SUSAN: Well, strangely enough most people come in, and they’re looking for the glass flowers.  They don’t… they look so real that they don’t believe that they could possibly be made of glass.  I think people have the idea that they’re going to be very shiny, and… um… they… they aren’t that at all.  They look like the plants look.  And so often when you’re in the Gallery, there’s someone who’ll say there… there, um… to the person they came in with… yes these are the glass flowers; these are really made out of glass.  And then there’s this “Aha!” moment when a person says, “These?  These are made of glass?!”, and it goes from there.  And you… you begin to appreciate how… how lifelike they are, um… through other people’s eyes, um… in the sense of not believing that they could possibly be made.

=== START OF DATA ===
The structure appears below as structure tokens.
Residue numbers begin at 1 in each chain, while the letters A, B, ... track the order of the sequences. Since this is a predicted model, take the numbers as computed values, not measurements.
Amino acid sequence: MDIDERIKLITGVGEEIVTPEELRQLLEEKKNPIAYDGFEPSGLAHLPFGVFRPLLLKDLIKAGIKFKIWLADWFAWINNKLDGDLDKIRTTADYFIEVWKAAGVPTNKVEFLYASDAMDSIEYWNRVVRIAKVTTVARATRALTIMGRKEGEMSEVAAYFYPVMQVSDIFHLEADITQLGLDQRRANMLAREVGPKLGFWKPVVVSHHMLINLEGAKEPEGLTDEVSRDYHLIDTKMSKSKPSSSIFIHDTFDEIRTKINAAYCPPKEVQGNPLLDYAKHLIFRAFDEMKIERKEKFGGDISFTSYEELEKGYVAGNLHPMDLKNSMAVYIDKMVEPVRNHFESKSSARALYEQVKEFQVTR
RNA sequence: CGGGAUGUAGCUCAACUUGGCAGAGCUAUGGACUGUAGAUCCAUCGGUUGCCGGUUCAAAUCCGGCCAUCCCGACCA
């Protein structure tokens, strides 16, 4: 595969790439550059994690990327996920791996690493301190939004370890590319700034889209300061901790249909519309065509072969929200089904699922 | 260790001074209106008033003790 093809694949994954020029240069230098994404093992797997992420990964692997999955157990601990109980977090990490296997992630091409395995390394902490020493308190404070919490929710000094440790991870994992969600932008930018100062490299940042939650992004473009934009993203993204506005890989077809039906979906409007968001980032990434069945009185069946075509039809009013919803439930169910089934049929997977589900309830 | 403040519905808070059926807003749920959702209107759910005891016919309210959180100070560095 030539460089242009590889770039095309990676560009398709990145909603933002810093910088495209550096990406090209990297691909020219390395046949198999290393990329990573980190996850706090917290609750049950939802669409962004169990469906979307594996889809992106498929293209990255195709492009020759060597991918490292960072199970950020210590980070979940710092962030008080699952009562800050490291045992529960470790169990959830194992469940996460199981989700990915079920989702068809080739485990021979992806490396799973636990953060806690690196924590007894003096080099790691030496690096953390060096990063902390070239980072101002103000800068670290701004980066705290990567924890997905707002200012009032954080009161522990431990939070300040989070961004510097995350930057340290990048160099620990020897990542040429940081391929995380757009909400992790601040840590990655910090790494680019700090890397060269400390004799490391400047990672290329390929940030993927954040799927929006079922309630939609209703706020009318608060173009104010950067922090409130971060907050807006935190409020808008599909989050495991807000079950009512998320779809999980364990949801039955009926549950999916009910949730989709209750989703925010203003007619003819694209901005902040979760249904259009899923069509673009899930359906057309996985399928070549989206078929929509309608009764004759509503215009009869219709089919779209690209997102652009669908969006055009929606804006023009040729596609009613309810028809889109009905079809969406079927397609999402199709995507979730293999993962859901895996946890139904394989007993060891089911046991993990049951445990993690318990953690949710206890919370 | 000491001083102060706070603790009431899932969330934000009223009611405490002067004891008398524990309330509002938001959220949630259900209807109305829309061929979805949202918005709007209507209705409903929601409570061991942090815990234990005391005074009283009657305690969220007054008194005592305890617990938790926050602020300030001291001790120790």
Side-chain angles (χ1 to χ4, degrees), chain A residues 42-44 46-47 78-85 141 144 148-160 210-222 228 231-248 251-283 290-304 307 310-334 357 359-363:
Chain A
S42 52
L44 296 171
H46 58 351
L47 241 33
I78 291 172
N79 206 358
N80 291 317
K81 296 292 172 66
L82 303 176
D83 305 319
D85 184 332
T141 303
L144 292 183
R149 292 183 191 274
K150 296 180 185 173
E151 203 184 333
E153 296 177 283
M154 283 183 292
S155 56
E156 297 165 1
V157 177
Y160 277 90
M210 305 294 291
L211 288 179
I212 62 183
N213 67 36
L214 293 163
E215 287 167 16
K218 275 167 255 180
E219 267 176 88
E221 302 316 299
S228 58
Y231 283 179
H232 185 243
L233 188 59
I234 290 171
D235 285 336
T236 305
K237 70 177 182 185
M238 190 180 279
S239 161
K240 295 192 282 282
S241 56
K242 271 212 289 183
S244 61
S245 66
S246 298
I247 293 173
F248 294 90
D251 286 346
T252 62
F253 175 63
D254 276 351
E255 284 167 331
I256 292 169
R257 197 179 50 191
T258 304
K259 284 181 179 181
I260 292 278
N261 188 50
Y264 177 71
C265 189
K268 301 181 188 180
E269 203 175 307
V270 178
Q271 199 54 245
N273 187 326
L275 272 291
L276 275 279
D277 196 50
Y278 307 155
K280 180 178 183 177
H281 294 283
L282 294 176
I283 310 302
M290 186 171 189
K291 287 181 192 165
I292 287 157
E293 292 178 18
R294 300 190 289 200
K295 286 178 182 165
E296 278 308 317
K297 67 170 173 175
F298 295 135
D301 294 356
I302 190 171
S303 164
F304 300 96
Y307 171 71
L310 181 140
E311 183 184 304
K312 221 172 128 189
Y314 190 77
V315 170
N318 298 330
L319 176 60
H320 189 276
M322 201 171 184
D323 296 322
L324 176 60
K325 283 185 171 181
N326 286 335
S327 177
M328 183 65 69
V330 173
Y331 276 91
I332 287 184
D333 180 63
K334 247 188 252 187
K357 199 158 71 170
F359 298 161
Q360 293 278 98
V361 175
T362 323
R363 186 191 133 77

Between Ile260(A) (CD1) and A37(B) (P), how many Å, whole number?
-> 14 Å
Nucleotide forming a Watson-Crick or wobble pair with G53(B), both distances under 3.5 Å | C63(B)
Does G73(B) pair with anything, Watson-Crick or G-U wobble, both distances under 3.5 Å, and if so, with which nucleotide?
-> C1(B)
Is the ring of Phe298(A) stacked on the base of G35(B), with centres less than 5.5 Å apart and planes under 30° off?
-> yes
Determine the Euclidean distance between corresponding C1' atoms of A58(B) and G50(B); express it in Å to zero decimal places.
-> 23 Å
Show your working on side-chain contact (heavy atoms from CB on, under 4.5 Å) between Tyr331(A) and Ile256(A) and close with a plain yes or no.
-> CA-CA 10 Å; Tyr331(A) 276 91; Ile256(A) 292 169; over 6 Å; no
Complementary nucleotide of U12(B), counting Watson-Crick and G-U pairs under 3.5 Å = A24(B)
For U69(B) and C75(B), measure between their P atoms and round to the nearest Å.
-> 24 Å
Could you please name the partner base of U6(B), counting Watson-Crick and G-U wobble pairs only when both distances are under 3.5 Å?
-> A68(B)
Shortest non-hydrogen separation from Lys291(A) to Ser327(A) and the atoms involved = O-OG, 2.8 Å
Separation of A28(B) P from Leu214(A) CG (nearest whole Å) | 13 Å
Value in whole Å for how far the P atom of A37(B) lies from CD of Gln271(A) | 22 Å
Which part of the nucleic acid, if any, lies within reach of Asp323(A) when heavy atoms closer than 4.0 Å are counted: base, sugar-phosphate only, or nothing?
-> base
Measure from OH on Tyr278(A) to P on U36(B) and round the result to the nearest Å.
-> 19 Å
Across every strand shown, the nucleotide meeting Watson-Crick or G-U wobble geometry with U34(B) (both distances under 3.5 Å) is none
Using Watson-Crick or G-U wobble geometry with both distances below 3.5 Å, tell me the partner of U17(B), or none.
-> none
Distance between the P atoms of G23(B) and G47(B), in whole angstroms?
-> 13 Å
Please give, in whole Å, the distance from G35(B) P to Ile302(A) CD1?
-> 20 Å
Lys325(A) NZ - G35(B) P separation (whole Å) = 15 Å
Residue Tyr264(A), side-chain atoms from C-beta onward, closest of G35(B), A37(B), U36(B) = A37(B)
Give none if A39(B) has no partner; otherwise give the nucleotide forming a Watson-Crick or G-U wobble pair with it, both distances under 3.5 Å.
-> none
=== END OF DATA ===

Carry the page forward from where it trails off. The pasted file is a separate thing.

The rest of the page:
INTERVIEWER:  Who were the Blaschkas and ah… we say the Blaschkas, what do we mean by “the Blaschkas”?

DAVID: (laughs) The Blaschkas were a father and son team: Leopold Blaschka, born in 1822, and died in 1895, and his son Rudolf, was born in 1857, and he died in 1939.  The Blaschka family came from Bohemia, now part of the Czech Republic in Central Europe.  Leopold, the father, uh…  went into the family business as a young man, and the business was making costume jewelry and other fancy goods out of glass.  Uh… it was a family of flame workers, who used their glassmaking skills to assem… to… to put together the parts of pieces of jewelry, which they assembled with metal.  And all of this added up, I think, to one of the very important ingredients in the making the models, and that is Leopold was very adept with his fingers, and he was also very adept at flame working. 

INTERVIEWER: Hmm… super.  Flame working.  what is flame working?